- Accident/misadventure (n.b., although these are bracketed together, they are separate verdicts)
- Natural causes
- Open verdict
- Narrative verdict
- Dependence on drugs/non-dependent abuse of drugs
- Aggravated by Self-Neglect/Neglect
- Lawful killing
- Unlawful killing
- Industrial disease
The verdict may well be the point in an Inquest that the family of the deceased finds hardest to cope with. This is because Coroners are not allowed to apportion blame, and not infrequently, families firmly believe that someone is at fault.
The nearest a Coroner is likely to come to addressing the concerns of a family of someone who has died whilst in the care of an organisation (whether a care home, a hospital, a police station or a prison) is a narrative verdict. "Narrative verdicts" indicate that death took place for a series of reasons, and, whilst they do not of themselves apportion blame, these verdicts can frame the circumstances of the death in a very unflattering light, so far as the deceased’s carers are concerned. The Coroner may also make recommendations with regard to the institutions involved based upon the findings. Whilst this does not apportion blame as such, it is readily apparent that no Coroner would make such recommendations if serious flaws in the deceased’s treatment had not been found.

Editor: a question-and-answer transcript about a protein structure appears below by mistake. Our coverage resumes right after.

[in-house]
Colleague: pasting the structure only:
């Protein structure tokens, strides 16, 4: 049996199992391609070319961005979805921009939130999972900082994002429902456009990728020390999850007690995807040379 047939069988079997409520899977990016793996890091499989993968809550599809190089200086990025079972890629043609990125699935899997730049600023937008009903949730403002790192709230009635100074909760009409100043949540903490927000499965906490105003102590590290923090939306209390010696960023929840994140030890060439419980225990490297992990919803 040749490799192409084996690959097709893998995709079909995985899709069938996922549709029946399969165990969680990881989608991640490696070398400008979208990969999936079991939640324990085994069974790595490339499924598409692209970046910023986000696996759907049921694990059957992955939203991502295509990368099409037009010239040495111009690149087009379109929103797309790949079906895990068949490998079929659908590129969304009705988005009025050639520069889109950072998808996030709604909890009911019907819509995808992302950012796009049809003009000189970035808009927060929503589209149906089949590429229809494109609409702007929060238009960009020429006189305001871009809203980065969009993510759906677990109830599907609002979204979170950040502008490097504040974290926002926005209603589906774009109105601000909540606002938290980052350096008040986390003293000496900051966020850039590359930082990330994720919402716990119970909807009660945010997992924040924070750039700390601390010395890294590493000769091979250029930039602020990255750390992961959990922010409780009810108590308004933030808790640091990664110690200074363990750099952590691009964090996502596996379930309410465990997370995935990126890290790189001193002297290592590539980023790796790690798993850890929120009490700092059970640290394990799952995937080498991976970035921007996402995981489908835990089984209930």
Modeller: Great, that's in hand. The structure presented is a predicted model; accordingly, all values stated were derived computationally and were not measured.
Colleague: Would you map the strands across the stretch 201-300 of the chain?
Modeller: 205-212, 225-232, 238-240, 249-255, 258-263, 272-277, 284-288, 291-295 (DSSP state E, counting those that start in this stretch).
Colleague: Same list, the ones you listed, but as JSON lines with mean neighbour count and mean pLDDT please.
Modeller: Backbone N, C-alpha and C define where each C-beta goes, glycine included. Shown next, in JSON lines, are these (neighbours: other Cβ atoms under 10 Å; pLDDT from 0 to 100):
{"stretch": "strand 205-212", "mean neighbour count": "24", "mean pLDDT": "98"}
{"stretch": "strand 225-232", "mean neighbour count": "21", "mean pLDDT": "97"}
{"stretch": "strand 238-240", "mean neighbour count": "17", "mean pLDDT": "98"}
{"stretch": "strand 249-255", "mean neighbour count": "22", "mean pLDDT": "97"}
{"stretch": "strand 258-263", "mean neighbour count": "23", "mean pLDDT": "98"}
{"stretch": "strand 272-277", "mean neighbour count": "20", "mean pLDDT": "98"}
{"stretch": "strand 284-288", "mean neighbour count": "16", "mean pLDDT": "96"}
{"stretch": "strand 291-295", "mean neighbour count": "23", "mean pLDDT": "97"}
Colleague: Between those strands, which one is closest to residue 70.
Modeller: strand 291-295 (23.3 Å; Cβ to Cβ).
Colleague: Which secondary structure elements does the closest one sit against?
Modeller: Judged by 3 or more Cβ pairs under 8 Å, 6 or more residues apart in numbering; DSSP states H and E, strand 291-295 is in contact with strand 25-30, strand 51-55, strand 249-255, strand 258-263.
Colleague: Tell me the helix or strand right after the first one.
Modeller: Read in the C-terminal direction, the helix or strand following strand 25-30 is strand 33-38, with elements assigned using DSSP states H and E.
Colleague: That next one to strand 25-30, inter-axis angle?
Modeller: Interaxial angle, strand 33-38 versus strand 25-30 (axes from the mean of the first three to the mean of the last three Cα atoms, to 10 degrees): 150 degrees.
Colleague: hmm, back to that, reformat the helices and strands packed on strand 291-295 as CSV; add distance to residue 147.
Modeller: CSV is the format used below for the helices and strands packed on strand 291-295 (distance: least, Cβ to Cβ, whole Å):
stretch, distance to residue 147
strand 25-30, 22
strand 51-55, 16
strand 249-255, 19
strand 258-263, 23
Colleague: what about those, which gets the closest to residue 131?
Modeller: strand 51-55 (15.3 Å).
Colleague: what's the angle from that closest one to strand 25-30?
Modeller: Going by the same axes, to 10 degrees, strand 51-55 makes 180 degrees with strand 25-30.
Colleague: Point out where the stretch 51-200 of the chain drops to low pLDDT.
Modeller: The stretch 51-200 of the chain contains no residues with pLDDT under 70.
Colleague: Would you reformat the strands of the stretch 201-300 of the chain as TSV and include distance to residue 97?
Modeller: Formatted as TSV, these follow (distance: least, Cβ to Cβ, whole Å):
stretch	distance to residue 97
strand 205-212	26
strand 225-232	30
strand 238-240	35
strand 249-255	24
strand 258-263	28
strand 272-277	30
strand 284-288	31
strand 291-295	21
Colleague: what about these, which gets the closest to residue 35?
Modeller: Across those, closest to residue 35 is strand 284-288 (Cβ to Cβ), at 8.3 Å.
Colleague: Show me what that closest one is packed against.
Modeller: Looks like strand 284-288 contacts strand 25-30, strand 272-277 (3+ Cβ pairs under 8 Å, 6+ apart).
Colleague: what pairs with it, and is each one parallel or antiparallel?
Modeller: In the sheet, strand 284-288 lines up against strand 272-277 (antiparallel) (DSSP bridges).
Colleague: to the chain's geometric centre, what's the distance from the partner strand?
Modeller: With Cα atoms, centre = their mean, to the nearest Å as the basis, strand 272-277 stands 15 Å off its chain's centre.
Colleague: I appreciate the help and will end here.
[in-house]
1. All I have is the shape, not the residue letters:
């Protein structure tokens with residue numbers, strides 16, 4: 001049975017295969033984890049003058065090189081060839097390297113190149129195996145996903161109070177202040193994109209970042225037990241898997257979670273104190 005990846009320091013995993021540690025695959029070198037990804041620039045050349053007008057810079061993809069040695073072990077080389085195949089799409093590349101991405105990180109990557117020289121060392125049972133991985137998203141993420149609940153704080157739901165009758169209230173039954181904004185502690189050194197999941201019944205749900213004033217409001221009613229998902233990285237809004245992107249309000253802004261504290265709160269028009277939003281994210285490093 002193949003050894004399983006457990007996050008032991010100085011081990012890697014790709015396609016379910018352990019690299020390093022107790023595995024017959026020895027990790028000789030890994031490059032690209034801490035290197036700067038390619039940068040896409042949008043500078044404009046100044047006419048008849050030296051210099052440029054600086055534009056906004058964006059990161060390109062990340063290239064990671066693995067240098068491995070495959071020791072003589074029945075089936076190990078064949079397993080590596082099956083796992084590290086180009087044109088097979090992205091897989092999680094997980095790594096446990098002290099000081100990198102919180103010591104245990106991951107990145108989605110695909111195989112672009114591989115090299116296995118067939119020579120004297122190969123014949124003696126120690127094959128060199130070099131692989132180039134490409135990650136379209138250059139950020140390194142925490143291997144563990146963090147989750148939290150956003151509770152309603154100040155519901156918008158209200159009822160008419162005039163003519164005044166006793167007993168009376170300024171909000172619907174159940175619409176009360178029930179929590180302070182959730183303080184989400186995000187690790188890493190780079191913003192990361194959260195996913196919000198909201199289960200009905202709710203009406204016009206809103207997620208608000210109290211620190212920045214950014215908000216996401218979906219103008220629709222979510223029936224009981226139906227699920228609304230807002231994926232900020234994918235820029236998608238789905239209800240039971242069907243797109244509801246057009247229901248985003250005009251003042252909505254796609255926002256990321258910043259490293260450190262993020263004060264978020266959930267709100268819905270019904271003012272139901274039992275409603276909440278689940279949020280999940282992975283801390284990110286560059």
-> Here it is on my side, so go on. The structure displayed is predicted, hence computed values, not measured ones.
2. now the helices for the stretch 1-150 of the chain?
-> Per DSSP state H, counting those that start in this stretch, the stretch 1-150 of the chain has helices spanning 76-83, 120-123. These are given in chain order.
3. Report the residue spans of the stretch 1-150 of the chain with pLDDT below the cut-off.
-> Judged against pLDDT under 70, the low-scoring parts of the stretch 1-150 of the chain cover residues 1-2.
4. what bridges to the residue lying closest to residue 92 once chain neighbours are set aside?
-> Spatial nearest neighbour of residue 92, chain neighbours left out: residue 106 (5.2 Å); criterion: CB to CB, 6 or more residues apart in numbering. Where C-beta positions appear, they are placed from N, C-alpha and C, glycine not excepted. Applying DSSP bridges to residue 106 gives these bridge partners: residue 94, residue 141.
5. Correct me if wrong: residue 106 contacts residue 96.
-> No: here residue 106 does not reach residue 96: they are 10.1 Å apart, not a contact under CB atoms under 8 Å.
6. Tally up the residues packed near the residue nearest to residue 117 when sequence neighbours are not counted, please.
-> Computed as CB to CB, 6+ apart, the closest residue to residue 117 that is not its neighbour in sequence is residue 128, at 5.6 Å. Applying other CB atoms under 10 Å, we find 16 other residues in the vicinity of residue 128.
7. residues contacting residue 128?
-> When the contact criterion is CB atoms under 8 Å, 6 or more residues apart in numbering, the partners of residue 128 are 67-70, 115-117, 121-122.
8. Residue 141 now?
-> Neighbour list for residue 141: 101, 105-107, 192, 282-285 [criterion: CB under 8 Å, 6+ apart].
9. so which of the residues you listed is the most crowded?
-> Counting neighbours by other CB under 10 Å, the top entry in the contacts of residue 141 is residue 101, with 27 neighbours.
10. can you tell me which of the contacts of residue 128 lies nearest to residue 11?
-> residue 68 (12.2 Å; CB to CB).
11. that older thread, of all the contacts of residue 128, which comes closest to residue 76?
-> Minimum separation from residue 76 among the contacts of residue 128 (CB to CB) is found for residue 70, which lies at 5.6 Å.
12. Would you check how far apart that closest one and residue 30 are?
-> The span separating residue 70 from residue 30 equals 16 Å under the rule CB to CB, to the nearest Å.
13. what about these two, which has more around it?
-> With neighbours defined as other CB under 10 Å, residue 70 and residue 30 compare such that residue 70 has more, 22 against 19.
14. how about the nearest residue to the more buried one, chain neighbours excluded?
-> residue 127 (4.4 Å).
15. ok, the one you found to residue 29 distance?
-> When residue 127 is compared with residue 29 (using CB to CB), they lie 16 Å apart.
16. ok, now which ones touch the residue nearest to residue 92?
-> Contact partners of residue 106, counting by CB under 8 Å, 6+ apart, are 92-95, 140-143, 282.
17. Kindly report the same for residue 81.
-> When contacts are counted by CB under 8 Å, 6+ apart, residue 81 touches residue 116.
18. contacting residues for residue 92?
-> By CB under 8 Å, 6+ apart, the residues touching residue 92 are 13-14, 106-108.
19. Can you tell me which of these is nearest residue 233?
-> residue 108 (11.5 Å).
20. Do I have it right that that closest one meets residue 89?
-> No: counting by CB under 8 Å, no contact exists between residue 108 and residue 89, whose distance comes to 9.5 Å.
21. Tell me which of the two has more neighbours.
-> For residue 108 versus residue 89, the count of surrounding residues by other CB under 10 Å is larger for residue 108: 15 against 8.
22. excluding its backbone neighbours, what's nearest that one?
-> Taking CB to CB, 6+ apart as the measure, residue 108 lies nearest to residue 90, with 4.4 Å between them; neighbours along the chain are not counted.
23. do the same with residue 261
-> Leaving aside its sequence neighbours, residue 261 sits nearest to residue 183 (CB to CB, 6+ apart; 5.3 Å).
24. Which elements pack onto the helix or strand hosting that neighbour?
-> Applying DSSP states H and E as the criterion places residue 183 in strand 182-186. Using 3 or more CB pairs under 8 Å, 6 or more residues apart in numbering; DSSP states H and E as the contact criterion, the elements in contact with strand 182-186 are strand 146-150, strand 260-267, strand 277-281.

The Coroner may go so far as to state that the death was "aggravated by a lack of care" (this is known as a verdict of "neglect"), but in practice, this is an exceptionally rare judgement, and can only be added to a limited number of verdicts. The faults in the care afforded would have to be glaringly obvious and shocking in order for most Coroners to reach such a verdict.
At the conclusion of the Inquest, the Coroner should make a copy of his or her verdict available to close relatives of the deceased’s immediate family. The Coroner may also disclose to the family documents produced in evidence and annotations based upon these. The Coroner should also submit a death certificate to the Registrar of Births and Deaths, detailing the time, place, and findings of the Inquest.
If you are dissatisfied with the way that an Inquest into the death of a close relative is being handled, do please get in touch. Our specialist team one of whom is an Assistant Deputy Coroner in what is often referred to as her "spare time") will be happy to help.